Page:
2) spinnaker pole track and pole fitting on the forward side of the mast. (the location for this may be on the fleet drawings)
3) spinnaker pole ("pole" for short);
4) spinnaker pole lift (halyard for the pole)(sometimes mistakenly called a "topping lift", which is really the line which holds up the outer end of the boom). For the full-race treatment, the tail of the pole lift can be lead back to the cockpit.
5) spinnaker; (also called the "chute" - a shortened form of the old term "parachute spinnaker")
6) at least one spinnaker afterguy (often shoterned to just "guy") to pull the pole aft, a spinnaker sheet, and a foreguy (to pull/hold the pole foreward & down) Two sheets and guys are preferred to rig for gybing the "chute". The afterguy is usually heavier (thicker/stronger) than the sheet, but two guys would sufice if you wanted gybing at least cost;
7) at least 2 snatchblocks (one for the sheet, one for the guy) to go on the rail to lead the lines aft to winches; 4 are better, so you can rig for gybing (if racing);
8) a snatchblock or other block to rig the foreguy. (A Full Monte installation would lead the foreguy aft to a cam or clam cleat on the cockpit combing.) Access to a winch is usually not needed for a foreguy on an I-36.
9) if serious about racing, I'd suggest 2 double turning blocks at the aft end of the rail so sheet/guy snatchblock leads can be easily moved fore and aft for optimum performance; these also result in a consistent lead angle to your winches.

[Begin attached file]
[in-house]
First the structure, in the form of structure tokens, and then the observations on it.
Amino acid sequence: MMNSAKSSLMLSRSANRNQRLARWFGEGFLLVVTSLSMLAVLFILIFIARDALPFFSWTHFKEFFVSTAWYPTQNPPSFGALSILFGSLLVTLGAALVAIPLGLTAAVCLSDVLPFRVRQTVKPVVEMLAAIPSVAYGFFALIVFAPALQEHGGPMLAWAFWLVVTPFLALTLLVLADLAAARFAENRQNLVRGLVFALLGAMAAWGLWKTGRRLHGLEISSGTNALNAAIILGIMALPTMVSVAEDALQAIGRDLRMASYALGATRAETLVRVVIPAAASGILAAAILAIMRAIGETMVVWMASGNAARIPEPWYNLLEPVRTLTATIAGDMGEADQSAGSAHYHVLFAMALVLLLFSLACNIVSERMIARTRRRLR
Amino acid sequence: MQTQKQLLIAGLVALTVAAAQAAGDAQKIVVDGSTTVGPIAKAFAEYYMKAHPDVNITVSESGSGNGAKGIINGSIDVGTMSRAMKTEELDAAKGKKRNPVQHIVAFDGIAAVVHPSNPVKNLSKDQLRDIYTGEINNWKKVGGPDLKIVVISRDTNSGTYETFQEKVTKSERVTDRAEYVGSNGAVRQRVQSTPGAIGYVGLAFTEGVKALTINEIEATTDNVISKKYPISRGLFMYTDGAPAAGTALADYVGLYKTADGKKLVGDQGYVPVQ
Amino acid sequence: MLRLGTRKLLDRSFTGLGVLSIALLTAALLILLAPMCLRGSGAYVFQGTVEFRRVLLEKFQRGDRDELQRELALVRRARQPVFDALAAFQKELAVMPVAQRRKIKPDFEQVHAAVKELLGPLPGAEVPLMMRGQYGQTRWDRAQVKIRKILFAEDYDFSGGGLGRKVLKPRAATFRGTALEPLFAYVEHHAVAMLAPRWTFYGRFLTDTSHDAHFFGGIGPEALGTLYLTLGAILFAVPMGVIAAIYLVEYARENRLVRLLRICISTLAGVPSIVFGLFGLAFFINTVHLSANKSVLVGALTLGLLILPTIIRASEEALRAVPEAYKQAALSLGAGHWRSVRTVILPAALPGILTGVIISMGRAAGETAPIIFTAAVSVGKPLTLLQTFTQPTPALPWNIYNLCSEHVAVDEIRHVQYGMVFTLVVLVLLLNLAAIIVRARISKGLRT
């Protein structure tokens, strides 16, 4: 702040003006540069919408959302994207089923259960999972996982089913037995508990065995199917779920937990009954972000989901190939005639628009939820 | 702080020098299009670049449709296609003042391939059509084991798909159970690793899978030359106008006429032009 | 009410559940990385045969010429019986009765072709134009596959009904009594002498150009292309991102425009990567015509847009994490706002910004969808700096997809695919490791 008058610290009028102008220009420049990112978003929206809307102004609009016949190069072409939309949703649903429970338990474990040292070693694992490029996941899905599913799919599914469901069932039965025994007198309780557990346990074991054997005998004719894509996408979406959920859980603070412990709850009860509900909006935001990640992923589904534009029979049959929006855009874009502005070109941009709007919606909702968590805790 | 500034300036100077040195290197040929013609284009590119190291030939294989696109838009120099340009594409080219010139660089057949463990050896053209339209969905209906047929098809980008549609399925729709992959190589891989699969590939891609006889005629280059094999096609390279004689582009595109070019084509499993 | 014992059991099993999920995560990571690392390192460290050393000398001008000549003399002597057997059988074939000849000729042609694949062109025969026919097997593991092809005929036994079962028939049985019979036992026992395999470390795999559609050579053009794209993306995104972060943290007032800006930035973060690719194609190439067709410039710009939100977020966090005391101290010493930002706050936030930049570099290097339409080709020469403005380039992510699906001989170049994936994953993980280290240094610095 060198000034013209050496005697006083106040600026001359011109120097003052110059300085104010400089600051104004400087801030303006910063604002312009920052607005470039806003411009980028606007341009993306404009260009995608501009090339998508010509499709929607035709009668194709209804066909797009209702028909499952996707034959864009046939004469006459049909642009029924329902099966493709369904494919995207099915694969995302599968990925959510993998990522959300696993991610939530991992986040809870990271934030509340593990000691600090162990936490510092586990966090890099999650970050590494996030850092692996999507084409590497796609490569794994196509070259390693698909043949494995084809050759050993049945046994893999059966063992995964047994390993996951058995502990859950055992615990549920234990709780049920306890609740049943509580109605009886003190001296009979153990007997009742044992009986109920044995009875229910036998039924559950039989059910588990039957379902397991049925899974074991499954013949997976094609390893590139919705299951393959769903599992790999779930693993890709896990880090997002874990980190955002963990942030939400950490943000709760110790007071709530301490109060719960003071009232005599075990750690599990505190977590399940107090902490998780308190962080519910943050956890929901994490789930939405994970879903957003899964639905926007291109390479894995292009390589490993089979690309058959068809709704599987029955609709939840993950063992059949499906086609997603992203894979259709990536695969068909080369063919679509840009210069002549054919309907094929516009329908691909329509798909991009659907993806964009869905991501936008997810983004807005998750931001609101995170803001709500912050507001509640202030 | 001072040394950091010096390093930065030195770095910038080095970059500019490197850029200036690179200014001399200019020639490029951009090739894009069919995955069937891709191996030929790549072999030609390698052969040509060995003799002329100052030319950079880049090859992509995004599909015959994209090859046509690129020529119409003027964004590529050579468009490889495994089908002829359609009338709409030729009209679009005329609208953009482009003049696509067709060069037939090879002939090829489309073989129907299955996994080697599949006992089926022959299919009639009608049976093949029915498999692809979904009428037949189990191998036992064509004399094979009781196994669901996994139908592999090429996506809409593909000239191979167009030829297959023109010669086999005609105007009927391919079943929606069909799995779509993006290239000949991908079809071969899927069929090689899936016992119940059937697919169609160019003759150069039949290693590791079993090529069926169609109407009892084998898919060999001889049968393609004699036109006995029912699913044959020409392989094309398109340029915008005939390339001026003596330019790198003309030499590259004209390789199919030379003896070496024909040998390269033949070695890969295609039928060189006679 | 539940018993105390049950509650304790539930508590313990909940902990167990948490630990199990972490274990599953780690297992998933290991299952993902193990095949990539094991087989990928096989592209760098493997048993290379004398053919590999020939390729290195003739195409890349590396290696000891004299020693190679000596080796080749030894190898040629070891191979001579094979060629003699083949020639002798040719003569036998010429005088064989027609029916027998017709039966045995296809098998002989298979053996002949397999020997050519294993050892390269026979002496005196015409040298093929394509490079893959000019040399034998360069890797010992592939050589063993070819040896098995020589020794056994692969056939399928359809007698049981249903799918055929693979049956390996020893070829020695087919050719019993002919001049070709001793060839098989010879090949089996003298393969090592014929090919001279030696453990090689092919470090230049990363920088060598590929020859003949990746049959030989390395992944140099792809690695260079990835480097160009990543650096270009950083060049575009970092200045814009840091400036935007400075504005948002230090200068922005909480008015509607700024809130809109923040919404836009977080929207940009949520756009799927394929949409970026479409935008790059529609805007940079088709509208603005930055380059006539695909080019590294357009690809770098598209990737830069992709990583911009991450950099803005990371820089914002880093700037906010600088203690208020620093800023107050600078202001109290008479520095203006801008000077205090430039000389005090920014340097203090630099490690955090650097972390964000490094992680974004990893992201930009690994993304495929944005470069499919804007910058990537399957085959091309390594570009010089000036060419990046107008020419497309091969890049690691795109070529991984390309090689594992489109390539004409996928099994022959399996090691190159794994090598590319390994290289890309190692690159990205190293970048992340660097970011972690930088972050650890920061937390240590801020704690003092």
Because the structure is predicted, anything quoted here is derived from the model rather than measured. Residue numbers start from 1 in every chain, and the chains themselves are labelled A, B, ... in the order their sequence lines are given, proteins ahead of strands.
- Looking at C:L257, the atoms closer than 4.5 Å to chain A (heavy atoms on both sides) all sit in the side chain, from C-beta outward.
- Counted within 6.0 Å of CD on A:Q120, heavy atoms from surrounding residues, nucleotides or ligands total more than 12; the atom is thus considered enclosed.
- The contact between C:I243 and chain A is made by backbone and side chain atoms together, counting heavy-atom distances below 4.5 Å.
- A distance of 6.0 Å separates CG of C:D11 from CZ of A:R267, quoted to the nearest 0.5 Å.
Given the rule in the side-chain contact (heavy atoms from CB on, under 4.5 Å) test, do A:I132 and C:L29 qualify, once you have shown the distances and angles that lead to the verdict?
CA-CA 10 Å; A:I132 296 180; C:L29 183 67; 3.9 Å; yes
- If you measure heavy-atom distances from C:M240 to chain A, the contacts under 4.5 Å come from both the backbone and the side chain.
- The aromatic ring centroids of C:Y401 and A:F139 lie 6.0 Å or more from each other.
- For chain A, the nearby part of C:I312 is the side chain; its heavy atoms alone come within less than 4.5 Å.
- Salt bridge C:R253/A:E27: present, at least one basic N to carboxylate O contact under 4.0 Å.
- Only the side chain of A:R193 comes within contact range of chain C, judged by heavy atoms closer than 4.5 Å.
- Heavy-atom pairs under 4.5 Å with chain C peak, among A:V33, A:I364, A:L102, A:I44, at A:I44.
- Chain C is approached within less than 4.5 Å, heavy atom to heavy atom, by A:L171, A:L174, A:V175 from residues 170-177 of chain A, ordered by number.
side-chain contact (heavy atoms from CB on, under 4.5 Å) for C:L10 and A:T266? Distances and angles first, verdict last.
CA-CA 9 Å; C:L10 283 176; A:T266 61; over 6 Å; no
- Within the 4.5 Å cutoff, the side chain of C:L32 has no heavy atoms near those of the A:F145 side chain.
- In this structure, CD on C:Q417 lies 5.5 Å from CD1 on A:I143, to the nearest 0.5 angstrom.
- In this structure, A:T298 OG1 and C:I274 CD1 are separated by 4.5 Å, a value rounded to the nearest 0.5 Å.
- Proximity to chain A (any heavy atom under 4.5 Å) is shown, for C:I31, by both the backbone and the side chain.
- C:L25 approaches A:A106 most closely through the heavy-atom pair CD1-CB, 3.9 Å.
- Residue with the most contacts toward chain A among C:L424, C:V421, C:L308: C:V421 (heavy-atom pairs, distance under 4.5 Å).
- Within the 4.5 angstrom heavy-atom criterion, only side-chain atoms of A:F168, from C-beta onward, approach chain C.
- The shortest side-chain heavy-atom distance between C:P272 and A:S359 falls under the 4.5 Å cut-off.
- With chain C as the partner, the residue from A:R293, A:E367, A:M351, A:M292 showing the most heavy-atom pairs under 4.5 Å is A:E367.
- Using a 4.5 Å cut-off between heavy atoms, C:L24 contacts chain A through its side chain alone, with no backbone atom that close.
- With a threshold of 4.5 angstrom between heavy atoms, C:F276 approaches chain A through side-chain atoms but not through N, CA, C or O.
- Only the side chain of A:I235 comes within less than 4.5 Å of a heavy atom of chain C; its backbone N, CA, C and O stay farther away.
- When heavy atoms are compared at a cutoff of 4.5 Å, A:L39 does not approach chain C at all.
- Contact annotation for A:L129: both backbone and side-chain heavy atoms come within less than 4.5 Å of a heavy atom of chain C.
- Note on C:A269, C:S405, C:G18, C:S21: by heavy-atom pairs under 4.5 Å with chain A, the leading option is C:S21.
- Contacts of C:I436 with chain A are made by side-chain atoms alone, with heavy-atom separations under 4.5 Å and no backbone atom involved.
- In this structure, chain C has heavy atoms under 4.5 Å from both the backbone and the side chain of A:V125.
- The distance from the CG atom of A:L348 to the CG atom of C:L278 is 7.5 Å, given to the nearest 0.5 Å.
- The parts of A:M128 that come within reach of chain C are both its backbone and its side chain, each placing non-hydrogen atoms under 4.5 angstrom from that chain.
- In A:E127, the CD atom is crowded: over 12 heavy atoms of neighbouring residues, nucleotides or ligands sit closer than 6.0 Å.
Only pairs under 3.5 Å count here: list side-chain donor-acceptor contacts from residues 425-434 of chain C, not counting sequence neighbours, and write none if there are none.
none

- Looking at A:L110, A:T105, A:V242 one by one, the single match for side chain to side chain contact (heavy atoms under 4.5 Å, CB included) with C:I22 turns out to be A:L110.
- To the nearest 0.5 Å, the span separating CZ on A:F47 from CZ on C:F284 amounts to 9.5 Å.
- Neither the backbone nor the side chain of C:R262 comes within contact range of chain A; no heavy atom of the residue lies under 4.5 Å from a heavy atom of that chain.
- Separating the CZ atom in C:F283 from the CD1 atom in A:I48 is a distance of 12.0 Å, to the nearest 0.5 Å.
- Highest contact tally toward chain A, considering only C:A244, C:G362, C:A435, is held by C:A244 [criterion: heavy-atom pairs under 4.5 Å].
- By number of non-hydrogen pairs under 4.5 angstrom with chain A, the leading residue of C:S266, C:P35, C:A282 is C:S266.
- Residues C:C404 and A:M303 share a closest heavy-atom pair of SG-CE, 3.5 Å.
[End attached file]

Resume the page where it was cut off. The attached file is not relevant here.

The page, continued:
It is easiest to hang the halyard and pole lift on the outside of the spar, but the dedicated types would insist on them being inside the mast to reduce windage.
An additional thought if you are only planning on cruising, is to order your spinnaker with a "sock" which is a tube of cloth that can be pulled up and down with a continuous line. This makes it much easier for two people to set and douse the chute. Since it somewhat reduces sail area and the shape of the head of the spinnaker, it is not used for serious racing (except single handed racing!).
Again, in the die-hard category, the pole fitting on the mast can be rigged with lines and lead blocks back to the cockpit so the inboard end of the pole can be raised and lowered by the cockpit crew. This keeps weight off the foredeck, and it is often necessary to raise the inboard end way up when doing a dip-pole gybe so the outer end of the pole can clear the headstay and be above the lifelines.
All of the go-fast items above can be added after an initial setup to keep first costs down, with one exception. A fixed pole attachment fitting can be put on the mast which is cheaper than a track and sliding fitting. This will make gybing more difficult, and limit how you can adjust spinnaker trim, but if you only want a spinnaker for cruising, it is a simple solution. The fixed fitting and its installation would be the only throw-away investment if you later went to a racing setup.